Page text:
October 4, 2007
Susan Beasy Latto, Director, UMD Public Relations 218 726-8830 email@example.com
Duluth Federal Court House to be Re-named for
Judge Gerald W. Heaney
Saturday, October 6
At ceremonies set for Saturday, October 6, the federal courthouse in Duluth, Minnesota will be officially re-named the Gerald W. Heaney Federal Building and United States Courthouse and Customhouse--in honor of Gerald W. Heaney, retired judge, Eighth Circuit Court of Appeals. Former Vice President Walter Mondale, Congressman James Oberstar, Senator Amy Klobuchar and UMD Chancellor Kathryn A. Martin will be among the speakers at the 10:30 a.m. ceremonies.
A decorated World War II veteran, Gerald Heaney graduated from the University of Minnesota Law School in 1941 and began his career in private practice. From the beginning, he focused his lifelong work to championing equal justice and rights for vulnerable citizens--including children, workers, racial minorities and the poor. He practiced law in private practice in Duluth from 1946 to 1966, and he continues to live in Duluth.
In 1966 he was appointed to the United States Court of Appeals for the Eight Circuit by President Lyndon B. Johnson. During his distinguished career on the bench, which spanned 40 years, he heard more than 3,000 cases. He wrote opinions affirming equal rights for women and criticizing the death penalty. He played an instrumental role in prohibiting discrimination. He wrote and co-wrote decisions to desegregate schools in Little Rock, Kansas City, Omaha and St Louis.
In 2004 he co-authored a book (with Dr. Susan Uchitelle) about his nearly 20-year supervision of the St Louis, Missouri public schools program, where he helped design a busing program that encouraged tens of thousands of inner city kids to attend schools in the suburbs, and, at the same time, channeled more money into city schools to improve the education there. The book, titled "Unending Struggle: The Long Road to an Equal Education in St Louis", carefully outlined the history of the desegregation process of the St Louis Public School System providing the diversity of voices largely missing from the national debate on how to deliver equal education to African American children.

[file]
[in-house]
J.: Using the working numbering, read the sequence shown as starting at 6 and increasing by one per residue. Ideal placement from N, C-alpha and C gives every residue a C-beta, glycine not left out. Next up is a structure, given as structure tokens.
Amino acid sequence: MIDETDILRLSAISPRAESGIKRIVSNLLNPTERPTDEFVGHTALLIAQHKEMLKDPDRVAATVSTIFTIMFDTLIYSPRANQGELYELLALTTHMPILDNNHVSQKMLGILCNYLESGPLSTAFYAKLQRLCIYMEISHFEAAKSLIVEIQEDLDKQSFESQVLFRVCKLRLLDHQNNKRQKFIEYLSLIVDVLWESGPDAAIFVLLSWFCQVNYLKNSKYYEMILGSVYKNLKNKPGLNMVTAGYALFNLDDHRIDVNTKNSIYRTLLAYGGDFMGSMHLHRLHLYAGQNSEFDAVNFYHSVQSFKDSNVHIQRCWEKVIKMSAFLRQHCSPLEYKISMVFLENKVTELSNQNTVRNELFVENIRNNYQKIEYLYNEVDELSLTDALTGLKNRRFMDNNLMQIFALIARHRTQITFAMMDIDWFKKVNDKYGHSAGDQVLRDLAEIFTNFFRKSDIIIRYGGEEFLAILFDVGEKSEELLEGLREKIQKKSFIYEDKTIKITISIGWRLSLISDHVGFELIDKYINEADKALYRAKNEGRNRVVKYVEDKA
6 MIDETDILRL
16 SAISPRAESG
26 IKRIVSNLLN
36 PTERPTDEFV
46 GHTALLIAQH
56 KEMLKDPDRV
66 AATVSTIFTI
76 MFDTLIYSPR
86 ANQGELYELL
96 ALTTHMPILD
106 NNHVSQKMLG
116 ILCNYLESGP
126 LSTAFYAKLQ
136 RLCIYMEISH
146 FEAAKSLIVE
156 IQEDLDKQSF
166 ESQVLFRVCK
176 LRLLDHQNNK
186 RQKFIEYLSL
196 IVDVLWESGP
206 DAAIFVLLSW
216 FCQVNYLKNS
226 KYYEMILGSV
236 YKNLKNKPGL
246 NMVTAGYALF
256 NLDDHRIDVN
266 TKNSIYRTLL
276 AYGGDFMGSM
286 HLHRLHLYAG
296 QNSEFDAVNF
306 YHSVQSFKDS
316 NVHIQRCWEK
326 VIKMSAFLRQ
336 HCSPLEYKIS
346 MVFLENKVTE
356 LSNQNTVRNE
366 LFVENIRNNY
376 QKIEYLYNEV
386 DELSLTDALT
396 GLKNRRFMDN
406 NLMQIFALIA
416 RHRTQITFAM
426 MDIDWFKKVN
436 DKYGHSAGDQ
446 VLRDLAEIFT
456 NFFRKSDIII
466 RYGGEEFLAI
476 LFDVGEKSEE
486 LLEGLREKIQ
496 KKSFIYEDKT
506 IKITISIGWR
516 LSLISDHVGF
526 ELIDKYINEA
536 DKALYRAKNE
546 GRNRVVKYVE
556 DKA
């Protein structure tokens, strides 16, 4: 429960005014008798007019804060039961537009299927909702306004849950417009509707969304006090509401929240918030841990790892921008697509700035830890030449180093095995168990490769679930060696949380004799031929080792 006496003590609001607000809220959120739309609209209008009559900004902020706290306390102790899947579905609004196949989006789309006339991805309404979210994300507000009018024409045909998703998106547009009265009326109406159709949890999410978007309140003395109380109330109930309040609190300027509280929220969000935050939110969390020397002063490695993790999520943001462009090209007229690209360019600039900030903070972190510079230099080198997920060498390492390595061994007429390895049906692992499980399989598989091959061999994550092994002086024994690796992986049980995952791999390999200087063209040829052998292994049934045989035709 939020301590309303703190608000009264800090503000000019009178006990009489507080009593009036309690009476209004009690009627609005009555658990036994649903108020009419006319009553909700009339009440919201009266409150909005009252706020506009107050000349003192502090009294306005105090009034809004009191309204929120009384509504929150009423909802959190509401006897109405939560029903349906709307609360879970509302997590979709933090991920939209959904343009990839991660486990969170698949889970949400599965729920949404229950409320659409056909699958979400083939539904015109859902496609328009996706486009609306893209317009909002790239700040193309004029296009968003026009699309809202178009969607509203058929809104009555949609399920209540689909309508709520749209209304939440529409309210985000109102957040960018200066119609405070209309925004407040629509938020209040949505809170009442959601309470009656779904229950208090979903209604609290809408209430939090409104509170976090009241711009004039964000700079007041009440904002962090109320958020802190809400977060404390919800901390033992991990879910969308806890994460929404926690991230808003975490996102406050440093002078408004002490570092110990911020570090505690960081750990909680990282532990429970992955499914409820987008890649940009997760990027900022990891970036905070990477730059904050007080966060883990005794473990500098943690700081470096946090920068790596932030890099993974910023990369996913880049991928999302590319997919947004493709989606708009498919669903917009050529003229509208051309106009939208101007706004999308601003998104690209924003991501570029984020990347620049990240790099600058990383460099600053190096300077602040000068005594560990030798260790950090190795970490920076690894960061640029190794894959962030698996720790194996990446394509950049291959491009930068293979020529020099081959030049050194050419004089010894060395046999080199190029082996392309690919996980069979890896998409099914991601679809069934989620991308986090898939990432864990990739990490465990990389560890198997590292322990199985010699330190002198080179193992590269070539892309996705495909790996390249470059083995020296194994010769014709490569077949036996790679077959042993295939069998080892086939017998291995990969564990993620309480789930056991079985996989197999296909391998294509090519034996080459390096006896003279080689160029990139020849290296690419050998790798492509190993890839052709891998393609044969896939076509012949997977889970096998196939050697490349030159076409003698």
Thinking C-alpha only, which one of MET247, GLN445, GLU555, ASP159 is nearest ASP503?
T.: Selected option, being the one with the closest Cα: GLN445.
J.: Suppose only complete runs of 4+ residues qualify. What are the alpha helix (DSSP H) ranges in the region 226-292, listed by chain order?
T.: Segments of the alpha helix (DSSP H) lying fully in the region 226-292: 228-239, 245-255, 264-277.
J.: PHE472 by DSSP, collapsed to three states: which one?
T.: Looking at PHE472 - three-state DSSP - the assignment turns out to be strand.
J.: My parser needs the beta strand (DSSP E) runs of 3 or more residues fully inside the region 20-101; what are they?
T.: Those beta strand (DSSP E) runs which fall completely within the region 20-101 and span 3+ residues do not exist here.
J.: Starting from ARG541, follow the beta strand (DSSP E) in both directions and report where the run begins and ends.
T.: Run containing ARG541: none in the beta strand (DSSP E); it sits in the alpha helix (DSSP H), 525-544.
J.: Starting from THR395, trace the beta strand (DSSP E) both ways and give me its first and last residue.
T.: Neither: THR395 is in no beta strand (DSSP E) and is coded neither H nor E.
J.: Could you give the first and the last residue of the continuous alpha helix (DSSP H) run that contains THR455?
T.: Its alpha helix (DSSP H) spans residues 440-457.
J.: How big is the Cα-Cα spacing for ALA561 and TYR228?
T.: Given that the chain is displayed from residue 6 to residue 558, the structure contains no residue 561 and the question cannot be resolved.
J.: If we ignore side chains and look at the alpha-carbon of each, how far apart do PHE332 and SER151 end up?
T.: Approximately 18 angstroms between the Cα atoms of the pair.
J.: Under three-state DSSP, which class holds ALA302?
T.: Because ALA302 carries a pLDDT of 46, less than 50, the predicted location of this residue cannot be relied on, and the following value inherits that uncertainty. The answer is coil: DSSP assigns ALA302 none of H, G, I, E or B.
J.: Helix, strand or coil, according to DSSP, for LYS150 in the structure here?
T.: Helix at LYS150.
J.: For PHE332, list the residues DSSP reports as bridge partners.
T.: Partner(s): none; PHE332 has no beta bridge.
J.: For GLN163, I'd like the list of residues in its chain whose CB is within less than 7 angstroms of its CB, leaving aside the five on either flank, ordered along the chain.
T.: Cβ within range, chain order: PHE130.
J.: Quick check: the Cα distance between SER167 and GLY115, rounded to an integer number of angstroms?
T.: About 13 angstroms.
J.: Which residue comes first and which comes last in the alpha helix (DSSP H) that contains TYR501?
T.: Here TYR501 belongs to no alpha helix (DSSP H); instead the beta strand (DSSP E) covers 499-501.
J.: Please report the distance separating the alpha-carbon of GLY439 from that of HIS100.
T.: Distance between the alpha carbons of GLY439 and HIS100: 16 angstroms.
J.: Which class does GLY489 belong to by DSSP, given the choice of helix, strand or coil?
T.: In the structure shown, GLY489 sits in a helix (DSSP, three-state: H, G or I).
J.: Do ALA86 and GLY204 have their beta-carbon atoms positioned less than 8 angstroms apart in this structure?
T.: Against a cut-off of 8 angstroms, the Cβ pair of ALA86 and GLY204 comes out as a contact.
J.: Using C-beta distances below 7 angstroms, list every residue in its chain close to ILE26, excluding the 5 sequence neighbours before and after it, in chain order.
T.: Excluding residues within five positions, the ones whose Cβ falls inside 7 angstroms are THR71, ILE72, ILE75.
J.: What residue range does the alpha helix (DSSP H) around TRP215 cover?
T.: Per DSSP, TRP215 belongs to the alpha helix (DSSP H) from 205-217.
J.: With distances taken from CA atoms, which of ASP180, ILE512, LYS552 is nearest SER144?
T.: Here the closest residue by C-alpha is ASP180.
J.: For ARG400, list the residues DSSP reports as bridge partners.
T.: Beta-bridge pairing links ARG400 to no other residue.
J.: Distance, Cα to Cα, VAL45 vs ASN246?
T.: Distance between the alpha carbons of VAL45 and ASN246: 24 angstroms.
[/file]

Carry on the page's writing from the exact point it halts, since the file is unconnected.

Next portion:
Although not as well known, Gerald Heaney was a key part of the generation that drove Minnesotans into national politics - Hubert Humphrey, Eugene McCarthy, Walter Mondale, Orville Freeman and James Oberstar. For three generations he has organized and strategized behind the scenes in the DFL party.
Judge Heaney was a powerful voice in the establishment of UMD's Natural Resources Research Institute (NRRI) and the Medical School at UMD. In 2001 he was the UMD commencement speaker and received an honorary Doctor of Laws Degree for Public Service. He served on the University of Minnesota Board of Regents from 1964 to 1965.
UMD Chancellor Kathryn A. Martin said, "Judge Heaney is an outstanding civic and judicial leader, both in our region and our nation. He is a true friend to the university, and continues to be a strong and effective advocate for higher education. We are so very proud to share in this richly deserved honor for him."
Judge Heaney took senior status from the U.S. Court of Appeals in 1988, while continuing to maintain 80% of a full caseload. He retired from the Court on August 31, 2006.